With another round of budget cuts in the books, St. Paul Public Schools officials began to look to the future Tuesday with updates on a new strategic plan for the district as well as results of a referendum survey pointing to a fresh request of voters in the fall.

School board members were asked to sign off on moves to erase a $17.2 million budget shortfall for 2018-19.

About 107 full-time positions will be cut, but most employees are expected to find jobs elsewhere in the district as people retire or exit for other reasons. In the end, only about three teachers are expected to be out of work.

The board heard about Superintendent Joe Gothard’s initial priorities for a strategic plan that steers clear of dramatic structural changes. He spoke, instead, of boosting positive approaches to behavior and an in-depth look at the district’s middle schools, among other initiatives.

Helping to bring the plan to fruition will be Cedrick Baker, the district’s new chief of staff, who began work about a week ago at a starting salary of $140,000 a year. Baker was one of 40 candidates for the job, and comes to it via his work with the school board — he was board administrator for a year.

Gothard wrote in a recent e-mail to employees that Baker “brings a fresh perspective to my leadership team.” He added that Baker would help him create a “culture of collaboration among the school board and district leaders,” and share responsibility for seeing that the strategic plan is “implemented faithfully.”

Unlike former Superintendent Valeria Silva, whose strategic plan amounted to a sweeping reorganization of the state’s second-largest district, Gothard has signaled a back-to-basics approach. His update Tuesday outlined first-phase “strategic initiatives” that included finding ways to expand the use of positive approaches to behavior through a system known as Positive Behavioral Interventions and Supports (PBIS).

In 2013-14, the district replaced two-year junior highs with three-year middle schools and saw a sharp rise in student suspensions — in part because of corresponding moves to put more English language learners and students with emotional and behavioral disorders in general-education classrooms.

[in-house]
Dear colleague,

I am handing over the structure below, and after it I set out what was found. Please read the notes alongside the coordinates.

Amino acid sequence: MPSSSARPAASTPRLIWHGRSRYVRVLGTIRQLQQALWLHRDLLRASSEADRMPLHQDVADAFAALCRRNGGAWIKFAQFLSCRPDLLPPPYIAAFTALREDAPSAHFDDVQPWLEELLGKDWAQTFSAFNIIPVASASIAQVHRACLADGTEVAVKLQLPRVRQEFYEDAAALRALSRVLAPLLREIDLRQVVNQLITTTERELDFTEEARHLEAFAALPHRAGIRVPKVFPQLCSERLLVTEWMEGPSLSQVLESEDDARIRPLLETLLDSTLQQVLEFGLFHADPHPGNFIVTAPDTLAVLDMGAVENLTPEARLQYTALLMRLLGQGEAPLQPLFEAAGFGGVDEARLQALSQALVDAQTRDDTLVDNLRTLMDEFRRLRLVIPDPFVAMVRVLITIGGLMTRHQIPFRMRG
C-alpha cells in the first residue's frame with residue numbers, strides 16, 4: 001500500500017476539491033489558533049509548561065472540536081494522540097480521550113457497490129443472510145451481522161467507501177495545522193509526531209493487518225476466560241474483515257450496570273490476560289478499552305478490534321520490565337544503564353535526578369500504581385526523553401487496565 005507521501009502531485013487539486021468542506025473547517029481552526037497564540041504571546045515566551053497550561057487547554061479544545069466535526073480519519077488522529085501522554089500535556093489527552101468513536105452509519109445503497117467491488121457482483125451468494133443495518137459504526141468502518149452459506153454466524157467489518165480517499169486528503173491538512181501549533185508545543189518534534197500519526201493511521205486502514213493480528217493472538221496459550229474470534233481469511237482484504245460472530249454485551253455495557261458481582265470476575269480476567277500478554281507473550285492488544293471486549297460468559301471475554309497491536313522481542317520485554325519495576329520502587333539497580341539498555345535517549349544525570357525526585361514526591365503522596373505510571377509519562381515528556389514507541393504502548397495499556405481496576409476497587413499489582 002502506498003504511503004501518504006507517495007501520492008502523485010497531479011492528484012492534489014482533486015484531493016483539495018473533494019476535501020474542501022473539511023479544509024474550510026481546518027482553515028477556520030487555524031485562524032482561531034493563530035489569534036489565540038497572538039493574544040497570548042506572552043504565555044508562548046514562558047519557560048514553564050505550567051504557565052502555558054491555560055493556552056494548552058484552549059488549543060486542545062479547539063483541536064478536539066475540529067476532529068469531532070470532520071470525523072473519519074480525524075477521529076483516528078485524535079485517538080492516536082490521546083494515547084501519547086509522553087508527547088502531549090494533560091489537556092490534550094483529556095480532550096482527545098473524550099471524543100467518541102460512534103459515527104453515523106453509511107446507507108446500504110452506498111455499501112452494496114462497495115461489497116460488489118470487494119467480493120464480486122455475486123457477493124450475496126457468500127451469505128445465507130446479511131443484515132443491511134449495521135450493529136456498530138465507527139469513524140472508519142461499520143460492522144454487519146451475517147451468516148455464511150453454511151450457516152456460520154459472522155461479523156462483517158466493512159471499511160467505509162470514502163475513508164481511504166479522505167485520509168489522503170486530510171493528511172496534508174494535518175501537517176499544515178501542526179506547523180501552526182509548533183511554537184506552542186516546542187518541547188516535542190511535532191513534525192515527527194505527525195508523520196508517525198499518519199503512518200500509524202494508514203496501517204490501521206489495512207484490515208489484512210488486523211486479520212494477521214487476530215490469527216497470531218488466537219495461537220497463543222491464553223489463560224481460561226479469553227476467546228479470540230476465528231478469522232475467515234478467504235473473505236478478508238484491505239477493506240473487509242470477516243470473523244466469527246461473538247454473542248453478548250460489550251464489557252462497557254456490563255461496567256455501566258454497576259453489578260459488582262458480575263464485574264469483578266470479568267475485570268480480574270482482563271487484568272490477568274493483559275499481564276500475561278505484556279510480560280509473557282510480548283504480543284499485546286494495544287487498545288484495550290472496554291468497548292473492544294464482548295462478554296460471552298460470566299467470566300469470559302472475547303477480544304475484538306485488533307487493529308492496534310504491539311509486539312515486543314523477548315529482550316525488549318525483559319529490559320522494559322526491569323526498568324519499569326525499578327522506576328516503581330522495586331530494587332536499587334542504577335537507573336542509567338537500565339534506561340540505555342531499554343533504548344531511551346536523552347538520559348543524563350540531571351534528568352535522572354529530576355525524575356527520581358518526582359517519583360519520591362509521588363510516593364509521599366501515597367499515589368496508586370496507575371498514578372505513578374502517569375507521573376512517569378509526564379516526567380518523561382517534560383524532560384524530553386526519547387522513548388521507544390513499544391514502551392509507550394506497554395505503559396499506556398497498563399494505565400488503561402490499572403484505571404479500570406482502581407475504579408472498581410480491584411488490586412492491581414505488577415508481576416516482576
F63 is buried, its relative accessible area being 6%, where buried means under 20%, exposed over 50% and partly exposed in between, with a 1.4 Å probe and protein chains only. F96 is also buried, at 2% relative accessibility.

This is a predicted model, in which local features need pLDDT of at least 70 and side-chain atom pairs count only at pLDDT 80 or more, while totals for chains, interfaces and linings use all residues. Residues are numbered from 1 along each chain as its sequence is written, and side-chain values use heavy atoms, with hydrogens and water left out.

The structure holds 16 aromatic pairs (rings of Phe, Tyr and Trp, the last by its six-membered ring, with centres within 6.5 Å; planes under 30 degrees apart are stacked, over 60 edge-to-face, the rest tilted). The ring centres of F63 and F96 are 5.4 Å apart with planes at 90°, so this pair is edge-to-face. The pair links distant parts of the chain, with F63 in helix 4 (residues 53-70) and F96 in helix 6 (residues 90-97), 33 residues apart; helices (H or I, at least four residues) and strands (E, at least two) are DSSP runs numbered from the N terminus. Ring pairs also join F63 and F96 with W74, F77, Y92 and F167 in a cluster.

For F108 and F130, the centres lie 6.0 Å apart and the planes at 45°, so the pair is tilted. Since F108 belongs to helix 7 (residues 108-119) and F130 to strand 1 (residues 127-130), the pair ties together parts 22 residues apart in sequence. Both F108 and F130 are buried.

Since then, many families have moved their children to charter schools and other school systems after they finish fifth grade in St. Paul.

The district now is planning an evaluation in hopes of defining and implementing a “districtwide middle school model.”

After Gothard’s presentation, three board members noted that the plan still seemed “general” in nature, with Steve Marchese saying he has yet to hear the district say: “This is how the world is going to look different.”

Efforts to improve the middle schools scored high in a recent survey that sought to gauge voter support for a district request for more operating money. The size of that request will be decided in July. Three-quarters of respondents were more likely to back a tax-levy increase if the new money addressed the needs of middle school students and helped the district “work toward middle school best practices.”

District leaders have stressed the need to stabilize finances after cutting annual budgets for four consecutive years.

While St. Paul tries to avoid dipping into rainy day funds to cover shortfalls, the size of that account dropped over the 2017-18 school year. Marie Schrul, the district’s chief financial officer, said the district expects to have an unassigned fund balance of about $31.4 million when the budget year ends on June 30 — a figure that represents 5.4 percent of current year expenditures.

The board’s policy is to maintain a fund balance of at least 5 percent.